In conclusion, a review of the current literature suggests that future research on the use of EHRs for cancer surveillance will benefit from careful reporting of key information such as provision of EHR definitions, standardized codes and common data model correlates, as well as descriptions of data quality and bias correction measures taken. Effort could be made to improve the PCORnet common data model for surveillance purposes, such as through improved reporting of race/ethnicity and through the inclusion of additional sources of preventative health services information from raw EHRs. Future studies could also consider limiting patient cohorts to those seen by primary care providers and incorporating additional variables, like insurance status, into weighting or adjustment strategies to better address the biases we observed in this study. Local, state, territorial, and national public health agencies have a strategic opportunity to use timely and geographically granular EHR data for select indicators for public health surveillance of cancer prevention and control, such as cancer risk factors, to assist in planning interventions to improve cancer prevention and control. These data can also potentially provide more accessible and richer information on the cascade of cancer care than routine surveillance data systems. However, these data currently cannot be used to monitor screening and immunization or cancer incidence and prevalence due to the biases we observed for these indicators. Further research is needed to address issues related to population representativeness of these convenience samples.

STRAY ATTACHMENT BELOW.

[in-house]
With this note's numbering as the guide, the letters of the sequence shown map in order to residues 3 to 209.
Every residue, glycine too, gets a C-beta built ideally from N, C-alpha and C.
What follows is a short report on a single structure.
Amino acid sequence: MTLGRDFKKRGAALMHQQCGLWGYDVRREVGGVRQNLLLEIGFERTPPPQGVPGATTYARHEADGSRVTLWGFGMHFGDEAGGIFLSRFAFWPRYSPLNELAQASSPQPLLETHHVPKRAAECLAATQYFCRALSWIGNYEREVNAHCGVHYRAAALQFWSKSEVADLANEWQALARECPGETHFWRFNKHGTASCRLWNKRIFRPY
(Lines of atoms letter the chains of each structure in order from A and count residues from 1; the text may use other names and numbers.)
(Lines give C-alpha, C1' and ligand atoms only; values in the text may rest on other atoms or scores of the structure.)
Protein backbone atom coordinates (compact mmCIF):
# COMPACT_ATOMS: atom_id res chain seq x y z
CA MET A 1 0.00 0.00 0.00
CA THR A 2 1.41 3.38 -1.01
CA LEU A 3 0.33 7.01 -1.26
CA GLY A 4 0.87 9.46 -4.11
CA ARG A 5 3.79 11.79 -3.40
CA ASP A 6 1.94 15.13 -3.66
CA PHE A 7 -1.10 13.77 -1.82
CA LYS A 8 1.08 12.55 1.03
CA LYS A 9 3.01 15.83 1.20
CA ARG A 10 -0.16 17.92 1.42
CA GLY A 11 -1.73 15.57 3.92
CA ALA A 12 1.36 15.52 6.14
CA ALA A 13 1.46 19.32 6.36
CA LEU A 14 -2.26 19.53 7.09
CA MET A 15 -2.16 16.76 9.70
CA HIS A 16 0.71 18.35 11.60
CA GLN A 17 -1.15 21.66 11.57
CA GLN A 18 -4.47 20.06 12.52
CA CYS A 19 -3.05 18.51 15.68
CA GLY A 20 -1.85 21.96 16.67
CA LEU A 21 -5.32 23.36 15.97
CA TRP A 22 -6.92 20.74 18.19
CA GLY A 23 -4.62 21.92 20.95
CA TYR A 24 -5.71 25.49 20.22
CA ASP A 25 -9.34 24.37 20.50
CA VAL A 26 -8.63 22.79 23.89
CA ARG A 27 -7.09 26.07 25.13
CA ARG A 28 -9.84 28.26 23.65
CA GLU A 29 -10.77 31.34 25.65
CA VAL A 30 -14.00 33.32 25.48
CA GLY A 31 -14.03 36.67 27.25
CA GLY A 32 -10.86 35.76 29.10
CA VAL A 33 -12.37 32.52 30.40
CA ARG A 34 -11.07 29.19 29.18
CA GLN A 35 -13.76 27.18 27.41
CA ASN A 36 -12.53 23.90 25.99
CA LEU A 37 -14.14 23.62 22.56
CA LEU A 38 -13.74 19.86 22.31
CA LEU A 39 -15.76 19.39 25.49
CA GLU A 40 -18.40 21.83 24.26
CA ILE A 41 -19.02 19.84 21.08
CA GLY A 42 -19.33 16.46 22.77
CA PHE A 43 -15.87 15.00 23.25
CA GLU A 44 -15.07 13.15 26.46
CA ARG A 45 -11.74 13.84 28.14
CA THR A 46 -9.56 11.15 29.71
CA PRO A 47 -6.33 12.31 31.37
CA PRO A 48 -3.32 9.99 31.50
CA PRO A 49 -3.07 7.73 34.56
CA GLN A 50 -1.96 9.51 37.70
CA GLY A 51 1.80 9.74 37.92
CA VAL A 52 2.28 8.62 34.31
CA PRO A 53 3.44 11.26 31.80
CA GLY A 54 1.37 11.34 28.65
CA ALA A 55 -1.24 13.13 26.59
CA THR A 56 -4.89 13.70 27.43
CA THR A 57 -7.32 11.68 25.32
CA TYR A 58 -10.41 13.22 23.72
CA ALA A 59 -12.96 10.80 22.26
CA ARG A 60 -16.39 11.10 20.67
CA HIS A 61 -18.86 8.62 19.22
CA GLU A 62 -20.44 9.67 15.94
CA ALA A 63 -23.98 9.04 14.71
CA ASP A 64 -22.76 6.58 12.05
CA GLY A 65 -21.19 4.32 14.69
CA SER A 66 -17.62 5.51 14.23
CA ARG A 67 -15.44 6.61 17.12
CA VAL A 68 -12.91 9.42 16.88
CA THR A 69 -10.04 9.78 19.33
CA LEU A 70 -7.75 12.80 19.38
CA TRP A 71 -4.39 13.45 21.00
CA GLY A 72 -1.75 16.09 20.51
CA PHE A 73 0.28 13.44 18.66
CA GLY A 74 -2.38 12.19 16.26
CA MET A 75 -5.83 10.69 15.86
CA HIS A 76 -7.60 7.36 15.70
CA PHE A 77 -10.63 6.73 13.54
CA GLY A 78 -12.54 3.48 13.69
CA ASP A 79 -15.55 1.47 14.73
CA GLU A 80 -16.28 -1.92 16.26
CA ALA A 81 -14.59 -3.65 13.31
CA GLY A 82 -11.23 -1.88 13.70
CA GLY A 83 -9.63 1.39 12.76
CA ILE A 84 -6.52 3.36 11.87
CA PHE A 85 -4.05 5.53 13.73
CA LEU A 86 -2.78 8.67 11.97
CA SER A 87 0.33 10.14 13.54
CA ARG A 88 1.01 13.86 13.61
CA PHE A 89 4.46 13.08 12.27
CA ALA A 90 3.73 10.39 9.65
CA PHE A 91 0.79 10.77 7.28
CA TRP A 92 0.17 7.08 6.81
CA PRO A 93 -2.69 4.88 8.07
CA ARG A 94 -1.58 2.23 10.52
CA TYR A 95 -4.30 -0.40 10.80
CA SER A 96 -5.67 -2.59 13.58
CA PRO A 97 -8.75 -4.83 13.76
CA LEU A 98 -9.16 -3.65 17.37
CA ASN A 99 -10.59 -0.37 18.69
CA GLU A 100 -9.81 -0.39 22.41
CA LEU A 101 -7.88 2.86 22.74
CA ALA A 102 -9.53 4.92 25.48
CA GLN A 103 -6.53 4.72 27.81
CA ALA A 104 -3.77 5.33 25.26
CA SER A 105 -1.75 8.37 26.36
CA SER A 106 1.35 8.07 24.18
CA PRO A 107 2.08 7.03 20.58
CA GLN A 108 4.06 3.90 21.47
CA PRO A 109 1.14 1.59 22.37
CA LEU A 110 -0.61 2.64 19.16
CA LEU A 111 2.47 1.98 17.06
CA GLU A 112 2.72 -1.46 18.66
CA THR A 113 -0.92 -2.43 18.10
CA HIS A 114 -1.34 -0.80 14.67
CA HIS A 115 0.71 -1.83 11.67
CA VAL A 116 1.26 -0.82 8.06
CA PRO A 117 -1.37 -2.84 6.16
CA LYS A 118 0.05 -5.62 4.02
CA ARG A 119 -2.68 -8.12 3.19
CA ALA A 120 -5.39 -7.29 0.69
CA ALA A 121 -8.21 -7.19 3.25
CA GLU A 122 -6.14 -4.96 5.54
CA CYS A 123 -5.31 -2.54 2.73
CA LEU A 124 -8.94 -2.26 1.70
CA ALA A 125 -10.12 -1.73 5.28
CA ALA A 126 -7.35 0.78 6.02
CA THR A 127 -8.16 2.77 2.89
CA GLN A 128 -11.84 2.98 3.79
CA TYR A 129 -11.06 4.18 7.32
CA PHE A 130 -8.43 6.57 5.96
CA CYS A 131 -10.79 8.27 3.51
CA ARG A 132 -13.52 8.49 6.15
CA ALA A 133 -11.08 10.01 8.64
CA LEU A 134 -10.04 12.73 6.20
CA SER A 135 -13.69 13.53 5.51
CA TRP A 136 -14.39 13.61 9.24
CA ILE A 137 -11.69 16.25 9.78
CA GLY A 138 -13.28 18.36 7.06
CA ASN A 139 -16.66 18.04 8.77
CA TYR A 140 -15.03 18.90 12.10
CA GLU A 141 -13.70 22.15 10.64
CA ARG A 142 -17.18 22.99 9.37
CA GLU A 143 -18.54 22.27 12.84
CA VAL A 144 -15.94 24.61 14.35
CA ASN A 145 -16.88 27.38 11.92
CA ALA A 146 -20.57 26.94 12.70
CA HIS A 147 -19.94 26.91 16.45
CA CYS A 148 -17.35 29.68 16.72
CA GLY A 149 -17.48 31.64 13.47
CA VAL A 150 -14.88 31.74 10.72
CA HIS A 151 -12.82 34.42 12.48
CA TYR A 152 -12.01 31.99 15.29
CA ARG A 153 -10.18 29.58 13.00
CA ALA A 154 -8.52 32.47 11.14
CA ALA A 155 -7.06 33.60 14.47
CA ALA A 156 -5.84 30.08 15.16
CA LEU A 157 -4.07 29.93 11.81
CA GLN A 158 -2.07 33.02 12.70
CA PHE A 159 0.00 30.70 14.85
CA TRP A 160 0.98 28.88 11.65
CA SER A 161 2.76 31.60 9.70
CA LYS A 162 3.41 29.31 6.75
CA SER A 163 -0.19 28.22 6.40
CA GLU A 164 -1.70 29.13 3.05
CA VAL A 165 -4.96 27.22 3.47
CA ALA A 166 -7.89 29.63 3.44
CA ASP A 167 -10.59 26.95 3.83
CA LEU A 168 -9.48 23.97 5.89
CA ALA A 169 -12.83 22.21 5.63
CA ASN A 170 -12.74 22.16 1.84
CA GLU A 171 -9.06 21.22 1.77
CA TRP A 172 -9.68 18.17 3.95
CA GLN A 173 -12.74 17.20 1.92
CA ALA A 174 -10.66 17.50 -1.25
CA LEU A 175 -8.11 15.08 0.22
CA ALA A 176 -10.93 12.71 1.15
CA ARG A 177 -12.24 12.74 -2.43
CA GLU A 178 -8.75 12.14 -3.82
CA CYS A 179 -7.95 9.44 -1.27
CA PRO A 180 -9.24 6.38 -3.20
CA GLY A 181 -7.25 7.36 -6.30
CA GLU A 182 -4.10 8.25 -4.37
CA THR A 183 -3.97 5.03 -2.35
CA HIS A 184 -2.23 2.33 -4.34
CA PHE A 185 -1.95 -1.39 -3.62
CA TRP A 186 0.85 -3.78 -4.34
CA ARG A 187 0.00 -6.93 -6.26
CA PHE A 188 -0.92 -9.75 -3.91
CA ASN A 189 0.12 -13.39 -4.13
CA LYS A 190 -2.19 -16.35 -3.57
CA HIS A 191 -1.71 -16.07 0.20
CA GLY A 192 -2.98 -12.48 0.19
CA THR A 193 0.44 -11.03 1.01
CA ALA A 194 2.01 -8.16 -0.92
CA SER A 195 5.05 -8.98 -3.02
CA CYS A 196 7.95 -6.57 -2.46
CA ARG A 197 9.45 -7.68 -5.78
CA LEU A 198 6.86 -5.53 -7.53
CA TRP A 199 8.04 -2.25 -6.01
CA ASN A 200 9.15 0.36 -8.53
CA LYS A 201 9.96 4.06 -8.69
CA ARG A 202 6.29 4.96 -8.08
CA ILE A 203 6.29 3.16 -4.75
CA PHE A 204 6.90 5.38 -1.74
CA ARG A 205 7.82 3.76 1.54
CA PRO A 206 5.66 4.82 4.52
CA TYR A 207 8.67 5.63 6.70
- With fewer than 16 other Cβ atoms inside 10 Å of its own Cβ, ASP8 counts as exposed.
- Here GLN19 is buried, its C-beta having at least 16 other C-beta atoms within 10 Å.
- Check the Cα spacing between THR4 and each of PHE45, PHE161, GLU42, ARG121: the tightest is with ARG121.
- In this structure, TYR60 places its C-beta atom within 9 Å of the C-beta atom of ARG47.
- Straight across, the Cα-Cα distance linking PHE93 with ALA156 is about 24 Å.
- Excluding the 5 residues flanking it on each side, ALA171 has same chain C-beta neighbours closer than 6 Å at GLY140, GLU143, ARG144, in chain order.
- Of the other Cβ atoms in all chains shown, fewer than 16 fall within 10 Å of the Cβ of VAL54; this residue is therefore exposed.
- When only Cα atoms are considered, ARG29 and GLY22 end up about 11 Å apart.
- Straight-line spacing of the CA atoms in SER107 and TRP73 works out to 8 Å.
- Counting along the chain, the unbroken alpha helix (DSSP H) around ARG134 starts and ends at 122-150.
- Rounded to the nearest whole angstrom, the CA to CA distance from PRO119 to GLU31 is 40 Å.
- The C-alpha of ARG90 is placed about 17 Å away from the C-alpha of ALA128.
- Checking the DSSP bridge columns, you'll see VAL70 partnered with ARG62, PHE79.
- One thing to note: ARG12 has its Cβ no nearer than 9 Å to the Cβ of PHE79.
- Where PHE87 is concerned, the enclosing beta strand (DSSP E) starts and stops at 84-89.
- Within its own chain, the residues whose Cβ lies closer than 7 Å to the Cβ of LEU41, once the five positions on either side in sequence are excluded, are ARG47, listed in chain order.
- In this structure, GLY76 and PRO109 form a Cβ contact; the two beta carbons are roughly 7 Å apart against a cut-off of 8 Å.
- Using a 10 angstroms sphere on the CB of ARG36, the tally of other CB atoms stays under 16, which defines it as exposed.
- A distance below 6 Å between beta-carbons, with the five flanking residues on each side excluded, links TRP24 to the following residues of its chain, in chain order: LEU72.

Availability of data and materials

Data are housed at Weill Cornell due to personal health information. Please contact Sarah Conderino (sarah.conderino@nyulangone.org) for requests related to materials.

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Acknowledgements

Thank you to Justin M. Feldman, Simona C. Kwon, and Barbara Wallace (New York State Department of Health) for their contributions to the pilot demonstration project.

Funding

This project was supported by Centers for Disease Control and Prevention. Prevention Research Program Special Interest Project 19-008, National Center for Chronic Disease Prevention and Health Promotion (New York University Cooperative Agreement Application # 3U48 DP006396-01S8).

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Contributions